The exhibition, curated by Raffaella Perna and Monica Poggi, and made possible thanks to the collaboration with the Ketty La Rocca Archive, and with the contribution of the Galleria Frittelli in Florence, explores for the first time the relationship between Ketty La Rocca (La Spezia 1938 – Florence 1976) and photography, in order to highlight the crucial role that this medium played in her way of representing the body and gesturality, as well as documenting her performative activity. Indeed, right from her earliest works, the artist used photography in the form of verbal-visual collages, composing images and writings taken from the magazines and journals of the day, but it was the publication of the photo book In principio erat in 1971 that marked an important turning point in the artist’s career, as she began to have herself portrayed while making hand gestures, thus focusing on the relationship between photography, the body and verbal language. From that moment on, her research and her horizon of cultural references broadened, and the focus on mass media that had marked the first phase of her work – linked to her activity with Gruppo 70 – then shifted towards primordial forms of expression based on the body, with a significant opening towards anthropological studies, the history of prehistoric cultures and non-European rituals.
Among the themes she addressed, the role of women within the mass media and an explicit critique of capitalism and the influence of the Church within modern society emerge forcefully. In addition to the stereotyped imagery of women’s publishing that characterised her early research, La Rocca also added historical imagery to her repertoire, such as those taken from the Alinari archives, or scientific ones, as in the case of Craniologie, where she uses X-rays of the skull, superimposed onto photographs of hands or handwritten phrases. In this phase, photography took on a central role for her, which the exhibition documents through a selection of more than fifty works, dated from between 1967 and 1975, including images of her performances, works with hand gestures and facial expressions linked to studies on physiognomy, works produced using a Xerox copier, up to the series of the previously mentioned Craniologie and Riduzioni, in which La Rocca brings photography back under the domain of subjectivity through the use of handwriting.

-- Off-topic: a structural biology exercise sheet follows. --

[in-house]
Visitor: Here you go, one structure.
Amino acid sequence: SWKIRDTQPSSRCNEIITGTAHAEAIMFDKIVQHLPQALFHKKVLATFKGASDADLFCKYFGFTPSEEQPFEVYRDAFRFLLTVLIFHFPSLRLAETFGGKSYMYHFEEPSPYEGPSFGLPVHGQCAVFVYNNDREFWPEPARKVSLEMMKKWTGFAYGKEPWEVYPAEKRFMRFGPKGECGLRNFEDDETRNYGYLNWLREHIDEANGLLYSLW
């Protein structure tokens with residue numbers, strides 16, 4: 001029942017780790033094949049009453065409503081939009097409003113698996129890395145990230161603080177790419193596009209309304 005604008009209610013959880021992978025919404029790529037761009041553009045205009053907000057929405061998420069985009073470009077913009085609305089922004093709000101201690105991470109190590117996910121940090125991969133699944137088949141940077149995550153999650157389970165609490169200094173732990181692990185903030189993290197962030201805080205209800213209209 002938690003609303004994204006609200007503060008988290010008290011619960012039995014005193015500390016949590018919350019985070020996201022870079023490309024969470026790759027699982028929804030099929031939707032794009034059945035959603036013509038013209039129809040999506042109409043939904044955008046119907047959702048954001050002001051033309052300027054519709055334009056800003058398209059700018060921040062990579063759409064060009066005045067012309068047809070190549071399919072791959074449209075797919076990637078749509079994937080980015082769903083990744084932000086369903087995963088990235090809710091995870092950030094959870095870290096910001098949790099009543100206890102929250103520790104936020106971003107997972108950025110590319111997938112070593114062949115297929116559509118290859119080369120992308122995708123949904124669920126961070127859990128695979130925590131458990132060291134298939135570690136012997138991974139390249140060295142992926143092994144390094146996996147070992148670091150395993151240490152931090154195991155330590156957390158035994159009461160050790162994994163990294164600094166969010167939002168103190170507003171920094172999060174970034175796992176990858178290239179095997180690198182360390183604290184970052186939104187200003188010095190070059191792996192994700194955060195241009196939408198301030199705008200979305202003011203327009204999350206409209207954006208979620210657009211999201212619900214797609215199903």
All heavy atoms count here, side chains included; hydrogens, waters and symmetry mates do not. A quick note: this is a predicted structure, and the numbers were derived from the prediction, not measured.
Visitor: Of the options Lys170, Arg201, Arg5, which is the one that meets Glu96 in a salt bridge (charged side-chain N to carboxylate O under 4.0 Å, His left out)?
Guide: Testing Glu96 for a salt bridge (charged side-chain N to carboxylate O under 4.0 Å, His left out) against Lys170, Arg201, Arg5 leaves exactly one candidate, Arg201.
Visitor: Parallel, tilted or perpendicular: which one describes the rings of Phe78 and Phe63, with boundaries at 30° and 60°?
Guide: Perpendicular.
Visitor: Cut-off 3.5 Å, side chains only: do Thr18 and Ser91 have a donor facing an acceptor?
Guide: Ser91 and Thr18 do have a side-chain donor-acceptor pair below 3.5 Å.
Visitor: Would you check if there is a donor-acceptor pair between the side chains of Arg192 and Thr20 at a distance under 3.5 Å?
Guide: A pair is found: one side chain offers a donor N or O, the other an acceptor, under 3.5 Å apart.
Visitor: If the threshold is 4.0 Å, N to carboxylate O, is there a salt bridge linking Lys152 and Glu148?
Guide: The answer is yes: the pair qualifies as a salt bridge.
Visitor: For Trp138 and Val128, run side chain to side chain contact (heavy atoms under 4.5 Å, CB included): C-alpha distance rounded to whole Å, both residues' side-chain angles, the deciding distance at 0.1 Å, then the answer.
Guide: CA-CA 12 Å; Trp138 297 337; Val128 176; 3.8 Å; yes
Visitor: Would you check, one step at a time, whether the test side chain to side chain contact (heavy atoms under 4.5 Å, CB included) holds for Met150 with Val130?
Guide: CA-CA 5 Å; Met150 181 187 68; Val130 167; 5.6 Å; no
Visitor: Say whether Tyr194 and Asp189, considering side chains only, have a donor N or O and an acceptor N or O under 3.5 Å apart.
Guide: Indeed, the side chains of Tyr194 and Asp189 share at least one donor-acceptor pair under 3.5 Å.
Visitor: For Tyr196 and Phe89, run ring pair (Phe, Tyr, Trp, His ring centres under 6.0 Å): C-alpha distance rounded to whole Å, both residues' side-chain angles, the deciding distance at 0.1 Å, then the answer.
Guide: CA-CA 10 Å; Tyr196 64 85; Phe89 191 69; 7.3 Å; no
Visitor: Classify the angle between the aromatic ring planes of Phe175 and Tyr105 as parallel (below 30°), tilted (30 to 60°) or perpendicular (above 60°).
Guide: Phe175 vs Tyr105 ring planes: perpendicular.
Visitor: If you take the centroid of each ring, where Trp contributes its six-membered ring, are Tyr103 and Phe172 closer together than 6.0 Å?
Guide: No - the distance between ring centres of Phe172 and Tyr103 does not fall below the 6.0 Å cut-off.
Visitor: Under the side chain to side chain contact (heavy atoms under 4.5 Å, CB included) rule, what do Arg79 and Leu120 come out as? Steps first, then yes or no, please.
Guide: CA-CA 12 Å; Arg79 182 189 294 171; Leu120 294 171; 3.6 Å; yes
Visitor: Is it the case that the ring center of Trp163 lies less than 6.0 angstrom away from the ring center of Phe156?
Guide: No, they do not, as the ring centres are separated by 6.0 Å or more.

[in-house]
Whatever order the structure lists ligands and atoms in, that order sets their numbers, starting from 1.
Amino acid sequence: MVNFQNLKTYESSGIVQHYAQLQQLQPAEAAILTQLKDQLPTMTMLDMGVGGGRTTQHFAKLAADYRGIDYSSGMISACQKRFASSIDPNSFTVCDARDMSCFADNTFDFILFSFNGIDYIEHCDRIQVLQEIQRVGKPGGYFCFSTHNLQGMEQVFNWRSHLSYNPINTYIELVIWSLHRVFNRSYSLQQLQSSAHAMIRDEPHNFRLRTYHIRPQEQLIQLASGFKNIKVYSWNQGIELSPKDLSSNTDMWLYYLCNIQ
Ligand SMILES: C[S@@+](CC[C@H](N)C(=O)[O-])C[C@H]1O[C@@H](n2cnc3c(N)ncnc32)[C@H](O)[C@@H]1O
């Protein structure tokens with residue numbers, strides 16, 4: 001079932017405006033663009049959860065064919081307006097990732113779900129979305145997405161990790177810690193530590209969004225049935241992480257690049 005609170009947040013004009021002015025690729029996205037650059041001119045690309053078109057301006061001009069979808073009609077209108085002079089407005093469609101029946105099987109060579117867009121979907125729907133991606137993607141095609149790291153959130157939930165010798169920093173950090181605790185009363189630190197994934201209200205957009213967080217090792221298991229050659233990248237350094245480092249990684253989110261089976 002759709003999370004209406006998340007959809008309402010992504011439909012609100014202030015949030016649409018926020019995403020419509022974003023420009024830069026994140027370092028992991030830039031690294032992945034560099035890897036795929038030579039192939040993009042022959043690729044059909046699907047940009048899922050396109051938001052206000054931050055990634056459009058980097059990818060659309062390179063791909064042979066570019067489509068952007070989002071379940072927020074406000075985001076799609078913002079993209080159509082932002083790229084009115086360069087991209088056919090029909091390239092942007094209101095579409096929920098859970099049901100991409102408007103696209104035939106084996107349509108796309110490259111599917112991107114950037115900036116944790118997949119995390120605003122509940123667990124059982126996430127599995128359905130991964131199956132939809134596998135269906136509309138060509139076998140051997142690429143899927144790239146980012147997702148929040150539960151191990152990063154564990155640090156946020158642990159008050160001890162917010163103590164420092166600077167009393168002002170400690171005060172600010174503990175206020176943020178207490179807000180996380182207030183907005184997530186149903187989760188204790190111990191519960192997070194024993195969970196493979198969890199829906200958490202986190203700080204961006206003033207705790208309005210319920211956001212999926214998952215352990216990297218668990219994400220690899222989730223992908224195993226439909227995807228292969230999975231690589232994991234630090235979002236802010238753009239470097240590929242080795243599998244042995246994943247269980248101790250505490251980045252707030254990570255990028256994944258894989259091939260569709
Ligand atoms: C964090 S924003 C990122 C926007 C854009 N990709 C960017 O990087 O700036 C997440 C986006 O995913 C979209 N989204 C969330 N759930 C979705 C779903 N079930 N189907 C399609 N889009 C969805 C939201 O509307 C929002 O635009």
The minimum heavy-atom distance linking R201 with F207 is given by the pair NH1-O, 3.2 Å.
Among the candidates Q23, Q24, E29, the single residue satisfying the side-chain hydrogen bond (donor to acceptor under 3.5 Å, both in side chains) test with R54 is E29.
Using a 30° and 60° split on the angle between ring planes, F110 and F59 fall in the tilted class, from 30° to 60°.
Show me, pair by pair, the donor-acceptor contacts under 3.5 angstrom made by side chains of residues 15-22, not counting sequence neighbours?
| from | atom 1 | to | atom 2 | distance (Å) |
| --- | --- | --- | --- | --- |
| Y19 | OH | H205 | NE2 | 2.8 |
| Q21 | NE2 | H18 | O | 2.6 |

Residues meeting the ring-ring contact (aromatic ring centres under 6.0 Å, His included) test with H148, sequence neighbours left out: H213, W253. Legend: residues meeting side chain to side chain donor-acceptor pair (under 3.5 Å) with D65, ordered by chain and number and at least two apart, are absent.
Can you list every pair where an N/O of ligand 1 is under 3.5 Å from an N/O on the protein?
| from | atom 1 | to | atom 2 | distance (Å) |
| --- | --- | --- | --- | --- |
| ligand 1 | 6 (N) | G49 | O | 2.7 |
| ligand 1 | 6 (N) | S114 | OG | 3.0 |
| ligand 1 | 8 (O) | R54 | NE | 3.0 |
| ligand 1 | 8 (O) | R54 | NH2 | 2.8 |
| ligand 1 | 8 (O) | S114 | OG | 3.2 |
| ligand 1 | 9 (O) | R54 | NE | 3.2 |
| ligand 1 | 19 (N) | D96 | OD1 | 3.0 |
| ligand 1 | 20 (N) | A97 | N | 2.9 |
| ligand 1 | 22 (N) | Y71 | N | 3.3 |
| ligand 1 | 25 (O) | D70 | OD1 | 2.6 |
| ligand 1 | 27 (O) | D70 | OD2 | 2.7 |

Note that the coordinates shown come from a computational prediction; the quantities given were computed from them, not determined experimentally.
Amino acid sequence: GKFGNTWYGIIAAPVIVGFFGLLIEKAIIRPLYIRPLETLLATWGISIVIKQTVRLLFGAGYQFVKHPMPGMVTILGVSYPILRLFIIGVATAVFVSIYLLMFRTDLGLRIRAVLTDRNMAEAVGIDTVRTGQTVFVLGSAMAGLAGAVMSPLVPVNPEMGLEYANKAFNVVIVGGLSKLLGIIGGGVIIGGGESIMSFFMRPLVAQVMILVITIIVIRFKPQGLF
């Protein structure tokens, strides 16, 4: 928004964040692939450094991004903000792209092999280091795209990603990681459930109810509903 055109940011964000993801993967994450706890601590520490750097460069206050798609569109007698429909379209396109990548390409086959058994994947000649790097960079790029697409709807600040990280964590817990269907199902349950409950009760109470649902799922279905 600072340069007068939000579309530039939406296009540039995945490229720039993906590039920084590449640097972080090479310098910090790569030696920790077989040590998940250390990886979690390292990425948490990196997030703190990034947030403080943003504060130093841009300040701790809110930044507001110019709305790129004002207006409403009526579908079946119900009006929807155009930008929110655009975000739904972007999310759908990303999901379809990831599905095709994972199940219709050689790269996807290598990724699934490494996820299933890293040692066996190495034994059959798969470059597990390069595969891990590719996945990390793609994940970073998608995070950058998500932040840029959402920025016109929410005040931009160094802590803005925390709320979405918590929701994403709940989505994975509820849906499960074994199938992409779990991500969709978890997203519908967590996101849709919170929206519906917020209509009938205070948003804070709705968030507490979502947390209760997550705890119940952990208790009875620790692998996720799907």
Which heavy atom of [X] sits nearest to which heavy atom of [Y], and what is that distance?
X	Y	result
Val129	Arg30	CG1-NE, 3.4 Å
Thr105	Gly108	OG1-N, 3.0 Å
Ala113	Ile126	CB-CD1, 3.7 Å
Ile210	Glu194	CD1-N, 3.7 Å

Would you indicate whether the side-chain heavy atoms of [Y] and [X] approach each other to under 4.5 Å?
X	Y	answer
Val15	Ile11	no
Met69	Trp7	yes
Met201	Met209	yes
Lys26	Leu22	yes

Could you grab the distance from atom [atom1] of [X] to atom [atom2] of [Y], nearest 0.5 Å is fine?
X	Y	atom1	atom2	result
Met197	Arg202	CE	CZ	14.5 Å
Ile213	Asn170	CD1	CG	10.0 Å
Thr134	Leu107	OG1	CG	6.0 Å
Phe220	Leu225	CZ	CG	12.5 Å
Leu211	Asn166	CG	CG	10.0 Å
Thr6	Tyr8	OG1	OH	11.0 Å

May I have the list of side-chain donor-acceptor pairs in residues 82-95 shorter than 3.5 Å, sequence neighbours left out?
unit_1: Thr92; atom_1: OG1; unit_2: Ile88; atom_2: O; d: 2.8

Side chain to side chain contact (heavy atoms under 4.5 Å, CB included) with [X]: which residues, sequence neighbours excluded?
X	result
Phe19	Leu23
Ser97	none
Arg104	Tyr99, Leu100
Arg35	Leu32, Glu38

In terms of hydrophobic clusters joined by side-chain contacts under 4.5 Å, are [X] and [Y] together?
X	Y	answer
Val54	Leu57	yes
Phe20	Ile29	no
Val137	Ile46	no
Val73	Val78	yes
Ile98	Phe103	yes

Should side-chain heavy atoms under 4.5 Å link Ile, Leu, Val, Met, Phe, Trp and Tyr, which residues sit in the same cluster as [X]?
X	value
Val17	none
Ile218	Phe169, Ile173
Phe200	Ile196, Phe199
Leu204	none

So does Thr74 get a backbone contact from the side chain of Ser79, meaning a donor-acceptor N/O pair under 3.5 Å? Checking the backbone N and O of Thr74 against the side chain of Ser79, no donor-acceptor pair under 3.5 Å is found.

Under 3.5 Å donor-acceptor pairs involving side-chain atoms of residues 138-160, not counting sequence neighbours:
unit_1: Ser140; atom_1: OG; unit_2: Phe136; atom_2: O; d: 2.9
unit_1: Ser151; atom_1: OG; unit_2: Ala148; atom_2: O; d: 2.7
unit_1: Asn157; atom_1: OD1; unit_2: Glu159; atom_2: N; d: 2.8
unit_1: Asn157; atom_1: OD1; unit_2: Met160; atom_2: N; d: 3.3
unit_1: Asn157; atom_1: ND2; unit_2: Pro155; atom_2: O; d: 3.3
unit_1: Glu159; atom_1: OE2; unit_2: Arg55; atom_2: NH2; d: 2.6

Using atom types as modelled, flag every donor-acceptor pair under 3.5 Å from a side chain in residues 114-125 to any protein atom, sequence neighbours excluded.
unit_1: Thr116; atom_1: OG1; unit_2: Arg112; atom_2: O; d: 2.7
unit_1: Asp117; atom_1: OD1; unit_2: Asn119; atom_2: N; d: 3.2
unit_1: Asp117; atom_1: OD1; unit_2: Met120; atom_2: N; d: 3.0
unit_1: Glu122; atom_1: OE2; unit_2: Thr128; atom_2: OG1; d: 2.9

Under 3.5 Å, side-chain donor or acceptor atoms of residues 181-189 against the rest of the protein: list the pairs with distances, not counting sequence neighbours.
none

The exhibition will be accompanied by a catalogue published by Silvana Editoriale.
The exhibition is held in collaboration with the Archivio Ketty La Rocca | Michelangelo Vasta and with the contribution of Frittelli Arte Contemporanea.
Ketty La Rocca – Biography
At the end of the 1950s, Gaetana La Rocca, a.k.a. Ketty La Rocca (La Spezia, 1938 – Florence 1976) settled in Florence, where she approached visual poetry, starting to collaborate in the activities of Gruppo 70 in 1966. In this phase, the artist produced collages and works based on the montage of images and words taken from mass media, in which her dialogue with the early avant-garde tradition went hand in hand with a critique of mass culture and the role of women in the society and visual culture of the 1960s. Having completed her verbal-visual experience, in the early 1970s La Rocca focused on the language of body gestures, adopting a range of expressive strategies and various media: photography, video, performance and the artist’s book. After participating in several group exhibitions in the 1960s and holding her first solo show at the Palazzo dei Musei in Modena in 1971, La Rocca was invited to the 35th Venice Biennale in 1972: from this moment on, her work gained visibility, thanks to exhibitions such as Combattimento per un’immagine. Fotografi e pittori (Turin, 1973), Italy Two. Art around ’70 (Philadelphia, 1973) and Fotomedia (Dortmund, Milan and Helsinki, 1974–1976). Two years after her death, in 1978, a retrospective exhibition was dedicated to her as part of the 38th Venice Biennale. Her works are now to be found in numerous museum and foundation collections, including that of the Museo di Arte Moderna e Contemporanea di Trento e Rovereto (MART), the National Museum of 21st-Century Art (MAXXI), the Novecento Museum in Florence, Gallerie d’Italia in Milan, the National Gallery of Modern Art in Rome, the Uffizi in Florence, MoMA in New York and the Centre George Pompidou in Paris. In recent years, her works have been included in various major international group exhibitions dedicated to women’s art and the relationship between art and feminism, in particular Wack! Art and the Feminist Revolution at MOCA in Los Angeles (2007), Donna: avanguardia femminista negli anni ‘70 at the National Gallery of Modern Art in Rome (2010), and She-Bam Pow POP Wizz! Les Amazones du POP, MAMAC in Nice (2020).